The World’s Most Influential (and Respected) ChemistsJune 11th, 2013
Part of the fun of running the blog is using Google Analytics to observe how people stumble across the site. One important way is through search engines. A lot of surfers arrive by searching things like “chemistry Nobel predictions” (landing here), “chemistry hires” (landing here), and “HATU procedure” (landing here). Today, I saw a new search string that piqued my interest: “who is the world’s most influential chemist?”
Hmmm…who is the world’s most influential chemist?
I decided that the answer had to be a living chemist, and here is the list of candidates I jotted down in three minutes:
This list is ordered by nothing else other than how quickly the names popped into my head. I am sure that I missed plenty of people, and I know I’d like to strike some people from the list right off the bat.
There are many ways in which you could interpret “influential”. For instance, you could focus on influence with the general public, in which case I think we are in trouble. I don’t think *any* practicing chemist has much sway with the public. (Former chemists, like Angela Merkel, do not count.) I think scientists like Stephen Hawking and Brian Greene in physics; Jane Goodall, Craig Venter, and E.O. Wilson in biology; and Ben Carson in medicine are all respected in their fields and have made serious inroads into interacting with the public. If Hawking held a news conference to discuss something important to him, both physicists and the general public (to some degree) would care. I would also add Michael Green, Ed Witten, Freeman Dyson, Neil deGrasse Tyson, Drew Pinsky, and Sanjay Gupta to these lists. But, with that said, I cannot think of a single chemist worthy of grouping with this lot. It is a shame, but let’s move on.
So, rather than focus on influence with the general public, I’ve decided to focus on what chemists have the most influence in the world of chemistry, broadly defined. Somewhere along the line, I thought that in order to have influence among chemists, you would need a fairly broad base of respect, so I posed the question of “who’s the most respected living chemist” to ChemBark’s followers on Facebook and Twitter. Here were the results:
Whitesides (x 4, +1 like)
Victor Conte (ha)
Walter White (ha)
Nocera (tagged #sarcasm)
Harry Gray (x 2, +4 likes)
Pople (+1 like, but dead)
Hoffmann (x 3, +2 likes)
Keith Richards (ha)
I could blather on forever, but I’m going to just cut to the chase and declare Roald Hoffmann as my most “influential” chemist for two main reasons: (i) he is widely respected and (ii) he uses this respect to exert influence. Hoffmann’s credentials as a top-rate theoretical chemist are impeccable, and he has made significant contributions to a wide range of disciplines. He’s not only won the Nobel Prize and Priestley Medal, but also ACS awards in organic chemistry, inorganic chemistry, and chemical education. A lot of chemists, from all the corners of our field, know Hoffmann and respect his work.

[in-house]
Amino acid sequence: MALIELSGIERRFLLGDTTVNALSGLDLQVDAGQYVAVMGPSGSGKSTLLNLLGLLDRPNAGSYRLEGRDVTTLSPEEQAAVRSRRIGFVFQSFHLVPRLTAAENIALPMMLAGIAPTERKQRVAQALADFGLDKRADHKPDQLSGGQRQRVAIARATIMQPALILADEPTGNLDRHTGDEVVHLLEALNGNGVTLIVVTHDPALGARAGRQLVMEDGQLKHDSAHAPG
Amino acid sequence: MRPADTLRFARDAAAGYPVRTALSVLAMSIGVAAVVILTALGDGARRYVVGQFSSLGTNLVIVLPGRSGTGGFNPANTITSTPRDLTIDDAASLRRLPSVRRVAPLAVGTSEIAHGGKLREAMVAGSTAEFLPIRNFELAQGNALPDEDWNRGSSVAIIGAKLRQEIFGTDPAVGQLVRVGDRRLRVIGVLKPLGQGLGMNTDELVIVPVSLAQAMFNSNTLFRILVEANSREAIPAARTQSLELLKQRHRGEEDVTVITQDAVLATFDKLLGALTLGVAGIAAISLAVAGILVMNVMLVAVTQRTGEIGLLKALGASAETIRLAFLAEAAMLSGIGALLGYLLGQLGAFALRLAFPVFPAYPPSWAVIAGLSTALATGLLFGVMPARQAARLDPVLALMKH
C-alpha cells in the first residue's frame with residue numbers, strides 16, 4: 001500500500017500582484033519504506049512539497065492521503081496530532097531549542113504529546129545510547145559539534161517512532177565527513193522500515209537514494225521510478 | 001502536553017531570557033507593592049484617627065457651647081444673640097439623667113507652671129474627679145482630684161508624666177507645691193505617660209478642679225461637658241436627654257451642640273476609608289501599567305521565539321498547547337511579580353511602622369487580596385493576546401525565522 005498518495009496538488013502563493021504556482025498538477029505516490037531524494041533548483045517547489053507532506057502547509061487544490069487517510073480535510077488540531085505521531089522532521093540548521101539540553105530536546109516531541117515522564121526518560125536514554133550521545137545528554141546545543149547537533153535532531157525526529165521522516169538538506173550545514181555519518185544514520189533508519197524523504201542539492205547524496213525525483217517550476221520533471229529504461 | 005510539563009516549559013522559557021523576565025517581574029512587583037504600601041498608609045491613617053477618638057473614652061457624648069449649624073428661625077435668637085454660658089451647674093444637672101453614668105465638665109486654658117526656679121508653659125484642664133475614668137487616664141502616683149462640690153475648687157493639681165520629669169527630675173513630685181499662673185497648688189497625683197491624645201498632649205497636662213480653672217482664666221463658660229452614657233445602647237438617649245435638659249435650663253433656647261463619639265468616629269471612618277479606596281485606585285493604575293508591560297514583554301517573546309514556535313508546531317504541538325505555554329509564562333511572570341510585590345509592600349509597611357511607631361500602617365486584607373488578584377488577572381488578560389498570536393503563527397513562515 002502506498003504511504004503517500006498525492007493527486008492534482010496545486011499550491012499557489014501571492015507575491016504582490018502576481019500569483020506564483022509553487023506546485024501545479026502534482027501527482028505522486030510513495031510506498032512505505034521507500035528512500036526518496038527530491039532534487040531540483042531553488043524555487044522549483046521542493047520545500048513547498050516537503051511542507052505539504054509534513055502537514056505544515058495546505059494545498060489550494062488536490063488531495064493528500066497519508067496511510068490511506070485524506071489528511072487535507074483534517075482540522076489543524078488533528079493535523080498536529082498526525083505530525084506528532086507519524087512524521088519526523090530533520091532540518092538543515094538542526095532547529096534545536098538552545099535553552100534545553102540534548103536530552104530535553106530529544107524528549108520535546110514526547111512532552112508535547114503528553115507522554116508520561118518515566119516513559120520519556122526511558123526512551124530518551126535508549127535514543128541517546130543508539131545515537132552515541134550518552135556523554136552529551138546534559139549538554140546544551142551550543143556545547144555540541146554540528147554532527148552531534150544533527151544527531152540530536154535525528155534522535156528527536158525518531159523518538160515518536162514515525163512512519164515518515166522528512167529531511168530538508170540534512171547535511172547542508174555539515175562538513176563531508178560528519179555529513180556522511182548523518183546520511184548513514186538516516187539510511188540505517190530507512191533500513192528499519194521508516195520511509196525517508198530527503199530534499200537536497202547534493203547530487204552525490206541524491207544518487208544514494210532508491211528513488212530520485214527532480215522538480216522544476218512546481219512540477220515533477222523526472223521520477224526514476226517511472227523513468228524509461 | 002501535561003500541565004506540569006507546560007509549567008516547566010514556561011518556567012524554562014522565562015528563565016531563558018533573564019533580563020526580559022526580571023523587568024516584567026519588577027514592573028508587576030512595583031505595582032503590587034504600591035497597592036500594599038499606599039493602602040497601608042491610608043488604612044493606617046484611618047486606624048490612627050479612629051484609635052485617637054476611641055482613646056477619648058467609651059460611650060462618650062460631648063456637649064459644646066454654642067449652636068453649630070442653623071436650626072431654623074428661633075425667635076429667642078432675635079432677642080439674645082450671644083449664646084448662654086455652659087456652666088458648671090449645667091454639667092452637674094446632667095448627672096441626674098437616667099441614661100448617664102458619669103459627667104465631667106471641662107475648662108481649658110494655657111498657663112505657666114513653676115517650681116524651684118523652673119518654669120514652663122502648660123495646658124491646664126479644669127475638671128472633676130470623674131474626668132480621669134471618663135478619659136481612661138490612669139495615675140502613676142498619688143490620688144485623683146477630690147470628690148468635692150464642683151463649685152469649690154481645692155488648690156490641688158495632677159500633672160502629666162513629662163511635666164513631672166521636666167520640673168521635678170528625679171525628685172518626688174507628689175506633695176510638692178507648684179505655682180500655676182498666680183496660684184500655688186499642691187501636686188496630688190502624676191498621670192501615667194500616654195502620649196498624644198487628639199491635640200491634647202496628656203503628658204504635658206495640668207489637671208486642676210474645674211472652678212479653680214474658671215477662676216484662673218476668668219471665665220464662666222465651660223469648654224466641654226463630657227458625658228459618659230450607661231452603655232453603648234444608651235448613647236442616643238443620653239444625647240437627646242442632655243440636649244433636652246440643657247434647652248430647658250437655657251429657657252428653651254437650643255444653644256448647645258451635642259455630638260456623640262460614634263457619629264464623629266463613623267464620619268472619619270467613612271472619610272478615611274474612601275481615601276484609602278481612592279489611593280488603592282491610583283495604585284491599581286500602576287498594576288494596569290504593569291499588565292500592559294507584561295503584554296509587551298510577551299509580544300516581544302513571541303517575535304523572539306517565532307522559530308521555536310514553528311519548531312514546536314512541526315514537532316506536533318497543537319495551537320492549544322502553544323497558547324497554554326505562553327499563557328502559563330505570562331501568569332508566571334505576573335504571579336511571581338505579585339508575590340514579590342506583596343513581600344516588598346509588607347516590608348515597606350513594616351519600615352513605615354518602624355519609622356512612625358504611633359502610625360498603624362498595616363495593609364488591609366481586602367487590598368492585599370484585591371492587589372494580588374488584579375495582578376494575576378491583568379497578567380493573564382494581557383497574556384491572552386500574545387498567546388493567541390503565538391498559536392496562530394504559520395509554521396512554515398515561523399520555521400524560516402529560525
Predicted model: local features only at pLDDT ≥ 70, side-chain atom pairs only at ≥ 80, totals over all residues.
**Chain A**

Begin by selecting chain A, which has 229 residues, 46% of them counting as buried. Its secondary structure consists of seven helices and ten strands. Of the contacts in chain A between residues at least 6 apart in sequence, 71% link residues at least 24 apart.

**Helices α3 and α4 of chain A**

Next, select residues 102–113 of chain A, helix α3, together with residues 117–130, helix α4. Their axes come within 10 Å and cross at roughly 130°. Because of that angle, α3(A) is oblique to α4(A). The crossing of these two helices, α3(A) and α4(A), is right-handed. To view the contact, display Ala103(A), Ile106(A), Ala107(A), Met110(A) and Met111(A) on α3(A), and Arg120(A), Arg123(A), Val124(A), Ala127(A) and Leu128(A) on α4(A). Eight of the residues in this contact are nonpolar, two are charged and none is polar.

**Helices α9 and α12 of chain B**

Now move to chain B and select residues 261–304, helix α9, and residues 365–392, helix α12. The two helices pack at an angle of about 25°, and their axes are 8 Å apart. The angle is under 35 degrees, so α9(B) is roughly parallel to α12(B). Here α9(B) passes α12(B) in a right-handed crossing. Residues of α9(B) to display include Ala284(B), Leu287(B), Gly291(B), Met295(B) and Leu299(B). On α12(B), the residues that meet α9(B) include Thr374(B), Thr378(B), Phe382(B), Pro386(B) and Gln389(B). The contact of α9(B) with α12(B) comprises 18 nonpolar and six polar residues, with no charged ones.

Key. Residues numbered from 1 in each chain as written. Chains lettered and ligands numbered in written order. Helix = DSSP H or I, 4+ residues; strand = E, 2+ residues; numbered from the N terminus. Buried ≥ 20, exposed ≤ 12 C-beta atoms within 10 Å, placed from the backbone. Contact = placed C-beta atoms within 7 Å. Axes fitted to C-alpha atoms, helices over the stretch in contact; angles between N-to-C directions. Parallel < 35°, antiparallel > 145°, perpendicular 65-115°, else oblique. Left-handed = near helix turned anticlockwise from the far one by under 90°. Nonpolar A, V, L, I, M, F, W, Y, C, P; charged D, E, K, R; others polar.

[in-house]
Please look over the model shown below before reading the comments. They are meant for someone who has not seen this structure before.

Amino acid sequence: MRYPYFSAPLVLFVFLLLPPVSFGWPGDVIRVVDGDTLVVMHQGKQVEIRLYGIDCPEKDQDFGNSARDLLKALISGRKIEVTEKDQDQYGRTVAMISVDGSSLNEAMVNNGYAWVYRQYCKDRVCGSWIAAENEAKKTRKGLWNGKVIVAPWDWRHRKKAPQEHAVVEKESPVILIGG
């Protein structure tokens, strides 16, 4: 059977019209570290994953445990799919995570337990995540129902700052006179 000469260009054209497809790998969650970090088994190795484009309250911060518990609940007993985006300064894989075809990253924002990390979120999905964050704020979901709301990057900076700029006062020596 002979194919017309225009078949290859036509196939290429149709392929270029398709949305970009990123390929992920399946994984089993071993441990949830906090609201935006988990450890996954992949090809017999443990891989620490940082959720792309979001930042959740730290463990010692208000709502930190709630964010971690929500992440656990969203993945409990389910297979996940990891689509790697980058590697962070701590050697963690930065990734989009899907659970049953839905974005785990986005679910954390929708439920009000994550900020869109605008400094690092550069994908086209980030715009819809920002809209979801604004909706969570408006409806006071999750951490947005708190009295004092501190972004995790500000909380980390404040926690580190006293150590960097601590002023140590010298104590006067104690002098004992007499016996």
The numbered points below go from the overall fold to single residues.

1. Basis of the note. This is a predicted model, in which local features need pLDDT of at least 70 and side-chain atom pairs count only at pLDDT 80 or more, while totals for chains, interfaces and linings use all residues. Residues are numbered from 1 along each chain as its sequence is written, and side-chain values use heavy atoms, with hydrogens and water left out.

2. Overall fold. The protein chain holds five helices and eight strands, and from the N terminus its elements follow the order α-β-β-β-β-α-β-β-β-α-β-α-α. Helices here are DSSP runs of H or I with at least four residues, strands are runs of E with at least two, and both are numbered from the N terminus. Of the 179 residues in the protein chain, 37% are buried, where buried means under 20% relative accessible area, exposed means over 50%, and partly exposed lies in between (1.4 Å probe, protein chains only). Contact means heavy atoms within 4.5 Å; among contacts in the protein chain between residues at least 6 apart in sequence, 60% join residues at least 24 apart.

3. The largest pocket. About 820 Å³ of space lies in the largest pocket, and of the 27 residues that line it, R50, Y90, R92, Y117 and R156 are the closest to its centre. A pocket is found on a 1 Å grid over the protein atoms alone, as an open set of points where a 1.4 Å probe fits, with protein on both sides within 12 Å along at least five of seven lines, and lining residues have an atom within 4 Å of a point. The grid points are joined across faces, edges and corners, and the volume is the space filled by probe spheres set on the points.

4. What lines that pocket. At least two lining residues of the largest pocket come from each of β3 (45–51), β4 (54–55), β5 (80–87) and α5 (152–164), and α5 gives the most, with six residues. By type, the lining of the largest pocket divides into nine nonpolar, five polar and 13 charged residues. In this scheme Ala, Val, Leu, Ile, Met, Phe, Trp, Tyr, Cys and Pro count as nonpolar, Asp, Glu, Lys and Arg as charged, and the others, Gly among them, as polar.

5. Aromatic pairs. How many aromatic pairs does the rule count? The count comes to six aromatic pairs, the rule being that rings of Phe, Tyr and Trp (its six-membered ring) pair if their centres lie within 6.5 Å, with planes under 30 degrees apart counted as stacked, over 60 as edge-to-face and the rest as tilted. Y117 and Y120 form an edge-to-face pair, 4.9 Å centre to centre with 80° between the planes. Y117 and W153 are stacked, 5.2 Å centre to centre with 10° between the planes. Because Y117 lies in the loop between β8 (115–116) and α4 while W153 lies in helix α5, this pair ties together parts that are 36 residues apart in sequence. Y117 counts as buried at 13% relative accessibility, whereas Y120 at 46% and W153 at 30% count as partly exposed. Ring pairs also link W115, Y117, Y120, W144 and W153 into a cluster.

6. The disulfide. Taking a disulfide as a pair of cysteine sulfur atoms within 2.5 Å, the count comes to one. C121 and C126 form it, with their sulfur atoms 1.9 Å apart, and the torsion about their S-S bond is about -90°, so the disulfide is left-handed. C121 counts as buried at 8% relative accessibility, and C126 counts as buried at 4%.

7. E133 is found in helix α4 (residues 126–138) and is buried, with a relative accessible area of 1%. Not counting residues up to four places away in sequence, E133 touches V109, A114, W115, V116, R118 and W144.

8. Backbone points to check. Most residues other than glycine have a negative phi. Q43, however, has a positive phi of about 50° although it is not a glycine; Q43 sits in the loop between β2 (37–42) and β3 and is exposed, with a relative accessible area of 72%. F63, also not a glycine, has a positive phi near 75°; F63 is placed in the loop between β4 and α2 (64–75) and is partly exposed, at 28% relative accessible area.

Second, I don’t think you qualify as “influential” unless you occasionally use your position to exert influence. Hoffmann has done this. He uses his chemistry cred to promote his artistic endeavors, get involved in politics, and do things like protest a conference for a lack of Jewish speakers. I think he also got the better of E.J. Corey in the scuffle over the Woodward-Hoffmann Rules that played out in Angewandte. I don’t think there is another chemist who has waded as deep into as much potential controversy as Hoffmann and come out as clean.
Here are some quick thoughts on other candidates for the title:
Dan Nocera – Nocera does a ton of work in engaging the public, but unfortunately, this has rubbed many “hardcore” chemists the wrong way. While there is certainly an element of self-promotion there, chemistry (as a field, at least) could really use some self-promotion right now.
E.J. Corey – Very highly respected for his scientific contributions, and I think he is the greatest living chemist. That said, the Altom story and the Woodward-Hoffmann scuffle rubbed a lot of people the wrong way. I think there is also a big drop off in respect for Corey outside the world of organic chemistry, but that is mostly because he is considered a God by those inside of it.
George Whitesides – Very respected both inside and outside of chemistry (e.g., government and business). He has also been outspoken (often through editorials published in Angewandte). That said, I think his positions make him somewhat of a polarizing figure. Many love his ideas; many dislike them. That moves him down my list, but I’m glad he has the guts to wade into debates that others would shy away from.
Ronald Breslow – Maybe at one time—like when he was President of the ACS and untainted by the recent controversy—but not now.
And I have heard nothing but rave reviews of Kroto, Grubbs, Gray, Hershbach, Zare, and Stoddart. I think they are easily among the most respected chemists in academia.
Finally, who is the most influential chemist outside of academia? Only Andrew Liveris comes to mind.
So, that’s probably enough to get me into trouble for today. Now it’s your turn to tell me why I’m wrong…
More discussion: In the Pipeline